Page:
The corporations are not willing to tolerate ‘false reports’ or ‘fake news’. This is laudable, but here, too, more moderation is advised. After all, the analysis of what is false must not be placed in the hands of a few anonymous and often inexpe- rienced people. That is presumptuous, can be abused too eas- ily and prevents a controversial dialogue as the mother earth of democratic will formation.

Whether an opinion statement is right or wrong is none of Facebook’s business. Because what is true or not often depends on the viewpoint of the observer’s cultural background or his language formation. The truth is usually not black or white but gray. The digital truth-checkers don’t know as much as the top experts in social media. Assessments can change as well.

In any case, digital media should stop fake news cam- paigns by state actors like Russia or China.

2. Truth requires clarity

Digital services should publish a comprehensive list of examples of what is prohibited as publication. So far, everything is too vague and almost arbitrarily formulated. In case of ambi- guity, the user should be able to enter a statement into a data- base that provides answers in seconds with the use of AI.

3. Facebook and other social media companies often block for slurs on the web that are unwarranted and triggered by one-sided political activists

The digital truth guardians are sometimes counterproductive and therefore dangerous for our democracy. The assessment comes too often from inadequate analysis and bias of auditors that no one properly monitors. They are initiated by subcontractors of the group, who in turn are activated by ideologically preconceived denouncers through their small-minded glasses.

Thus, the tables are turned on blocking other opinions and internet censorship. This unintentionally poisons the free exchange of opinions and thus our democracies.

Facebook and Twitter need to stop and expel the detractors in their organization who stand out by complaining too much and manipulating the truth by blocking unauthorized content more than ten times.

Even worse, Facebook itself becomes a big tool in the manipulation of the truth. For example, criticism of the corona management in Wuhan  (WIV) is shut down via the WHO press office as a partner of Facebook’s Corona Team, manipulated by Beijing, so Facebook allows itself to become an accomplice to Chinese state propaganda and kills the voices of truth globally. 

4. If you have a complaint, you can’t reach anyone on Facebook

Reasons are not provided for blocking, it’s a black hole. This is irresponsible and inconsiderate and does not preserve the free exchange of opinions, the humus of democracy. Until now, people have been practically deprived of their rights in the case of blockades. You can’t send an individual e-mail or talk to someone in charge. Everything is anonymous and automated in a way that cannot be traced – an absurdity.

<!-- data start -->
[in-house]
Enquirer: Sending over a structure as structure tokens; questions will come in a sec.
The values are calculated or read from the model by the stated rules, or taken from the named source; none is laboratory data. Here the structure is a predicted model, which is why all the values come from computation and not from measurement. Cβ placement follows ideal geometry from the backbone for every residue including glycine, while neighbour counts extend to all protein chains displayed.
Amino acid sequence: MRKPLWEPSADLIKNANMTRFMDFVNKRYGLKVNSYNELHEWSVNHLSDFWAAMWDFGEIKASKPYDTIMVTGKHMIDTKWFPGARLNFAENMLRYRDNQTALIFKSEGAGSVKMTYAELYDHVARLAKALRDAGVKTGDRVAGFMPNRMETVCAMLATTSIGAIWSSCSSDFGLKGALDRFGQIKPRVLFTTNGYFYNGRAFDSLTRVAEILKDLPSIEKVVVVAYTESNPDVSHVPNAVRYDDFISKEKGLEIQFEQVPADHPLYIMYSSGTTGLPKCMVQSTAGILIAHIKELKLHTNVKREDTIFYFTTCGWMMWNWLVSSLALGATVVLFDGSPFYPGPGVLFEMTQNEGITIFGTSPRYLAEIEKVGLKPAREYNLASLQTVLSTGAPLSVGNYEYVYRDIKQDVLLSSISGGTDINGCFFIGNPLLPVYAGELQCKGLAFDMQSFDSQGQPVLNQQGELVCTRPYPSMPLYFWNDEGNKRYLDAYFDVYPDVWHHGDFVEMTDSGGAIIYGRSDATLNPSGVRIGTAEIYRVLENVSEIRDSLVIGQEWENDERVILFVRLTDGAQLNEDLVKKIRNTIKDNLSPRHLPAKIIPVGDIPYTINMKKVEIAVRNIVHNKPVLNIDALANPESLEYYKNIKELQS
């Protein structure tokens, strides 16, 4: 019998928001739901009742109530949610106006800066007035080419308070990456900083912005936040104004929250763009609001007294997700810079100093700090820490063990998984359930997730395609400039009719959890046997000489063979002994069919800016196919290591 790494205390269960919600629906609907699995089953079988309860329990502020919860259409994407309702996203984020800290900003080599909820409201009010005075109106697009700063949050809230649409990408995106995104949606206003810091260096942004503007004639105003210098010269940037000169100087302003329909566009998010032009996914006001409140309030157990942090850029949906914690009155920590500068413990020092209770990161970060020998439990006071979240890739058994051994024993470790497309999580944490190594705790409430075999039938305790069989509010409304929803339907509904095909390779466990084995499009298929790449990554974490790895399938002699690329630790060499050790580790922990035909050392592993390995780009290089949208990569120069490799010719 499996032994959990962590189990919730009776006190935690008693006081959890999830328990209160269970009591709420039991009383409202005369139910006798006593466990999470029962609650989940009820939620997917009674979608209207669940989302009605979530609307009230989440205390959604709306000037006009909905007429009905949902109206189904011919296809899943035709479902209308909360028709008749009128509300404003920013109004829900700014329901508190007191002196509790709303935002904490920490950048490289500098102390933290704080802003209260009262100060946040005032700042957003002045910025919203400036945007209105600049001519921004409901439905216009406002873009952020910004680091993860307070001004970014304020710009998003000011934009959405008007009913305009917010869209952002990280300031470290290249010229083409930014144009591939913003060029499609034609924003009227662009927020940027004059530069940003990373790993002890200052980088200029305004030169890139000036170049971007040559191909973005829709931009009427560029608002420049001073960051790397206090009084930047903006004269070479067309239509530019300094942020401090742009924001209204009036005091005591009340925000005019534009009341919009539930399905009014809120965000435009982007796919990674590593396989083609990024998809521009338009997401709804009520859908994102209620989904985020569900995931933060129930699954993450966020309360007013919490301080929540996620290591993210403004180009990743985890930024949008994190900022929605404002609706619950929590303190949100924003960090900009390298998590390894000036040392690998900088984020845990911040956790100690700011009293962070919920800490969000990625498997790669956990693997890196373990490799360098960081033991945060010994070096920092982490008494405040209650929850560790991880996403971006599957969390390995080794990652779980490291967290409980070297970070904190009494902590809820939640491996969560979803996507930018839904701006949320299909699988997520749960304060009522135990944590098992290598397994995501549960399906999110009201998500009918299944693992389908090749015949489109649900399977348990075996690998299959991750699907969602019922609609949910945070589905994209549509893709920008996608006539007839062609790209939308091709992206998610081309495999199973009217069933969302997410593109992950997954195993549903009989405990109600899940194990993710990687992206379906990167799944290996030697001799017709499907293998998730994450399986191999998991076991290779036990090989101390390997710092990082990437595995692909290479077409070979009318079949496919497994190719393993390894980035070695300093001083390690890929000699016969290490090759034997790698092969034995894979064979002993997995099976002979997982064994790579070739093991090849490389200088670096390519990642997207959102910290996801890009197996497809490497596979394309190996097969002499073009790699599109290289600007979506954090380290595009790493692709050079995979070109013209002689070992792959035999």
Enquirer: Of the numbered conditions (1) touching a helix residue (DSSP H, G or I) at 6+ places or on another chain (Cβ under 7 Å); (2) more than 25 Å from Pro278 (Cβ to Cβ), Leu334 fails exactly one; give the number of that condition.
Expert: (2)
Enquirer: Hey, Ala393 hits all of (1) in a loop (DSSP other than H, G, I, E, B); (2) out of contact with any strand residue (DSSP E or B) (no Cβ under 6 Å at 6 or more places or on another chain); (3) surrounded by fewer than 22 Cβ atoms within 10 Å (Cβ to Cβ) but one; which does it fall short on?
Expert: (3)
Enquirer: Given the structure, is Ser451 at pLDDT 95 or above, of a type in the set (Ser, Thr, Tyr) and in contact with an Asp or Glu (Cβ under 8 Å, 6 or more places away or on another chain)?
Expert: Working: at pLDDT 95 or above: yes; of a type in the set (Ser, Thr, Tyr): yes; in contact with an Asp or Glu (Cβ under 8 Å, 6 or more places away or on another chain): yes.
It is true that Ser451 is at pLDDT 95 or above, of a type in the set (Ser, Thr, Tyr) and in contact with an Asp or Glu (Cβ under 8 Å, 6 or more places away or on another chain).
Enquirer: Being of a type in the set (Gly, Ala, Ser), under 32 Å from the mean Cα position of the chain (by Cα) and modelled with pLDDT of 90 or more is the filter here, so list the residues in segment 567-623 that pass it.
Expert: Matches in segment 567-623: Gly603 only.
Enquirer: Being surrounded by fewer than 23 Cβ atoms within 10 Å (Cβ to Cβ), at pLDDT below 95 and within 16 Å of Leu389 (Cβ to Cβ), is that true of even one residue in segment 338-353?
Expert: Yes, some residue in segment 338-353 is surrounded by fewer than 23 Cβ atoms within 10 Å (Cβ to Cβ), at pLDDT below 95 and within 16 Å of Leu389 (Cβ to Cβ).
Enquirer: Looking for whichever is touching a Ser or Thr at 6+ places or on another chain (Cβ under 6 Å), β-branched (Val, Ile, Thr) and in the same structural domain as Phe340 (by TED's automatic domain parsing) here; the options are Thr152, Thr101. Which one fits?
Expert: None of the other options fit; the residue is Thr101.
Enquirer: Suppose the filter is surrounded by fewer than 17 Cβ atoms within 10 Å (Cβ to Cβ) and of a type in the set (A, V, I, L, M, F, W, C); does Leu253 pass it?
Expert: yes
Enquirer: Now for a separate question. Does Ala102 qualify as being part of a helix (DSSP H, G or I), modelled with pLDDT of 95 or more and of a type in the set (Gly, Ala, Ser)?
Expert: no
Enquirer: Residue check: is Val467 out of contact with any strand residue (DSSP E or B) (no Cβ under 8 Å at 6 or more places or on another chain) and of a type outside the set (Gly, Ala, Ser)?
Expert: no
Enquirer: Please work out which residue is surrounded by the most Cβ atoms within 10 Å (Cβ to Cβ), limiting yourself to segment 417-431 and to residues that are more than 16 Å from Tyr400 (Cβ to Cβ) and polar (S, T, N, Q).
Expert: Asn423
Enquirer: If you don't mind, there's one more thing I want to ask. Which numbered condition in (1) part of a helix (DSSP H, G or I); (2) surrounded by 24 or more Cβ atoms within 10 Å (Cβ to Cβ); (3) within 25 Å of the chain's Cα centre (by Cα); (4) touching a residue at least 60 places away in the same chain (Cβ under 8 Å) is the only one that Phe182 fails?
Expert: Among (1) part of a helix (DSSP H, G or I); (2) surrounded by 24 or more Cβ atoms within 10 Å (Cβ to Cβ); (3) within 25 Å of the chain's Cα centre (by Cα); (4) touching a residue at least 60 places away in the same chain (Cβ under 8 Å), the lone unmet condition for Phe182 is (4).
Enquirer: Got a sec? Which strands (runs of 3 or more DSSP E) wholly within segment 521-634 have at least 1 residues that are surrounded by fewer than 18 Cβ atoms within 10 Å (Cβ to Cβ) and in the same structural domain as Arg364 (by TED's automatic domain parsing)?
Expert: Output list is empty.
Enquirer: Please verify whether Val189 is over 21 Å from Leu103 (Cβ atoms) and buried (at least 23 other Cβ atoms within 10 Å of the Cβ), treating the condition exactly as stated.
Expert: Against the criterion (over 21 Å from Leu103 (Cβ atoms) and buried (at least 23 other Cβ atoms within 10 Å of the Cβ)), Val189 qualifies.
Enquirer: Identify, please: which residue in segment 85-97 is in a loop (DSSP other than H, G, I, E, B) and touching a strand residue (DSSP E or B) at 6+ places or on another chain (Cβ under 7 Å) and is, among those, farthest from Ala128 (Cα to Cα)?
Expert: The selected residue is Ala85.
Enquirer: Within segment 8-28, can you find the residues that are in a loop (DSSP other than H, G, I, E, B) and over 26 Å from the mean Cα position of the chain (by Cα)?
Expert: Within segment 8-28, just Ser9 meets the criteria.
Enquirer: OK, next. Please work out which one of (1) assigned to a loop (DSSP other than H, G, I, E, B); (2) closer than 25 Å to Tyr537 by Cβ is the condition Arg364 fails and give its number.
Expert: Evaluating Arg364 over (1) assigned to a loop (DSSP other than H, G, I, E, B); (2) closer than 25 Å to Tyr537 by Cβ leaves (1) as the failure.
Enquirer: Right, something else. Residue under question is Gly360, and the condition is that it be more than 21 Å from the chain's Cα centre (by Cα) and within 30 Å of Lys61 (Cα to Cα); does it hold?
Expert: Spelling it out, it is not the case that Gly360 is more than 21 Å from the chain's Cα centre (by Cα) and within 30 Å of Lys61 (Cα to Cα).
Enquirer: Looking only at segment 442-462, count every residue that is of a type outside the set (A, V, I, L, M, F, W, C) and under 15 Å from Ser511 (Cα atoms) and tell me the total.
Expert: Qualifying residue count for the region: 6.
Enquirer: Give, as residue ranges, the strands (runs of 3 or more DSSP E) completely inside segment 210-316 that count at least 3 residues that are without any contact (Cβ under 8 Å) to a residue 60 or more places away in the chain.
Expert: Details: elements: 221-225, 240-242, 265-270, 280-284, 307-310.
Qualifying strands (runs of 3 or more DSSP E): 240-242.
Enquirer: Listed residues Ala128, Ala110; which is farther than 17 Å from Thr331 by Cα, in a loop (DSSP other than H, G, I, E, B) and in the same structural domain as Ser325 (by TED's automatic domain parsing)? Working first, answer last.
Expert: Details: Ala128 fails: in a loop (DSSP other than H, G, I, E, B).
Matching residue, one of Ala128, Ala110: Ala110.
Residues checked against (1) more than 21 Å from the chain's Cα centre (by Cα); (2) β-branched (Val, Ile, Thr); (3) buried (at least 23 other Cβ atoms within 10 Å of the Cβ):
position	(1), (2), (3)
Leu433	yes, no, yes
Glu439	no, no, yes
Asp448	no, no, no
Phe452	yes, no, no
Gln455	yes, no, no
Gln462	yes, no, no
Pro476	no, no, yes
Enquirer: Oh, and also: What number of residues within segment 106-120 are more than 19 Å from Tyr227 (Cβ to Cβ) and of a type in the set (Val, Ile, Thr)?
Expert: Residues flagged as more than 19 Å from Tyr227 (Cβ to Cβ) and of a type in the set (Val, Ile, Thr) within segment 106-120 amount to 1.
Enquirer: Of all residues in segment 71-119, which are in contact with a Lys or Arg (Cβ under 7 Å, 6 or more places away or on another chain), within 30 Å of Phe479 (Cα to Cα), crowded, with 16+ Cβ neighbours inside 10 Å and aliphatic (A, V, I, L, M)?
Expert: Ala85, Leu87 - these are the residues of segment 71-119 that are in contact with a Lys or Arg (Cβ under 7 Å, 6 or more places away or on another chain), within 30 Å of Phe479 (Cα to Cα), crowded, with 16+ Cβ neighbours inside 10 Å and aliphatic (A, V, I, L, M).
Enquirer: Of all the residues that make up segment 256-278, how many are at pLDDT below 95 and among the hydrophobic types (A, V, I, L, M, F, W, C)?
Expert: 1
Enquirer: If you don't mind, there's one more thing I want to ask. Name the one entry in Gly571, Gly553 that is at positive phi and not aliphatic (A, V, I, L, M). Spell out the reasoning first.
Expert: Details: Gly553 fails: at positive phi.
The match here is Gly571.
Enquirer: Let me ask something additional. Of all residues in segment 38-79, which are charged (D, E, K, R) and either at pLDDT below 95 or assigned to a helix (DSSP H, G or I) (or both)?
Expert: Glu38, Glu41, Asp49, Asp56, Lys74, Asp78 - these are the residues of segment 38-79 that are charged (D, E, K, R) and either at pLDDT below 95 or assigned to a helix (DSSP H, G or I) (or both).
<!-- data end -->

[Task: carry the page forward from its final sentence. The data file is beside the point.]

For this purpose, a Digital Complaints Office must be set up, everybody can contact via e-mail. Facebook is moving in the right direction by establishing an Independent Advisory Board. The complaints body should make a decision within 12- 24 hours. This must include an individual justification in each case and not the usual useless pre-formulated standard answer from the computer. After that, there should also be a second route to an International Digital Arbitration Board, which would make a quick decision in a week on the basis of detailed case studies.

The states must legally force the large providers to respond immediately and properly.

5. Promote pluralism of opinion – share advertising revenues more fairly

The large digital corporations should massively promote good digital journalism by replacing advertising on different small news sites.

So far, they are almost completely sucking away advertising revenues (Google in 2019 alone $134 billion), depriving independent journalism of the oxygen to survive despite good user numbers. They are strangulating it. This is damaging freedom of expression.

Although smaller news providers have sufficient users, they proportionately receive no advertising on their portals. They are too small for the advertising industry and are not booked.

Google and Facebook could, for example, automatically distribute three percent of the advertising booked with them to smaller good content providers (such as local newspapers) as an advertising pool, let them earn money and thus massively strengthen plurality on the internet. Due to a new law, Facebook and Google in Australia have to pay a fairly negotiated share for the use and linking of media content since 2021.

These five proposals cost the digital oligarchs a lot of money. That is the main reason why meaningful regulation has been avoided so far. In view of the billions in profits and the importance of information for democracy, these expenditures are justified and necessary.


  1. Journalistic ethics call for truthful reporting and comment. Critical and balanced reporting should take all arguments into account. Journalists‘ stories are first generated in their mind. No fear, no blinkers or deeply engrained censorship in the heads of journalists, but instead more courage. Research the concerns of groups attracting less media attention, not just minority issues, more consciously. Journalists should specialize in different fields enabling them to research and report more substantively on important issues.
  2. We need a voluntary “Code of Tolerance for Journalists and Media” for every editorial office. A departure from violent and sensationalist journalism towards explanatory conflict journalism. More reports about positive events and development as necessary signals of hope.
  3. In editorial guidelines, journalists commit themselves to balanced reporting without ideological blinkers, critical scrutiny and impartial reporting. Furthermore, denigration of specific groups must be avoided. The editorial offices publish these guidelines, review them on the basis of cases and complaints every three months in a conference and invite readers or viewers to do the same.
  4. Large digital providers such as Facebook, Twitter or YouTube must stem the flood of fake news and extreme hate propaganda and promote good journalism on the net, even if it costs money. We need four new rules, as described above.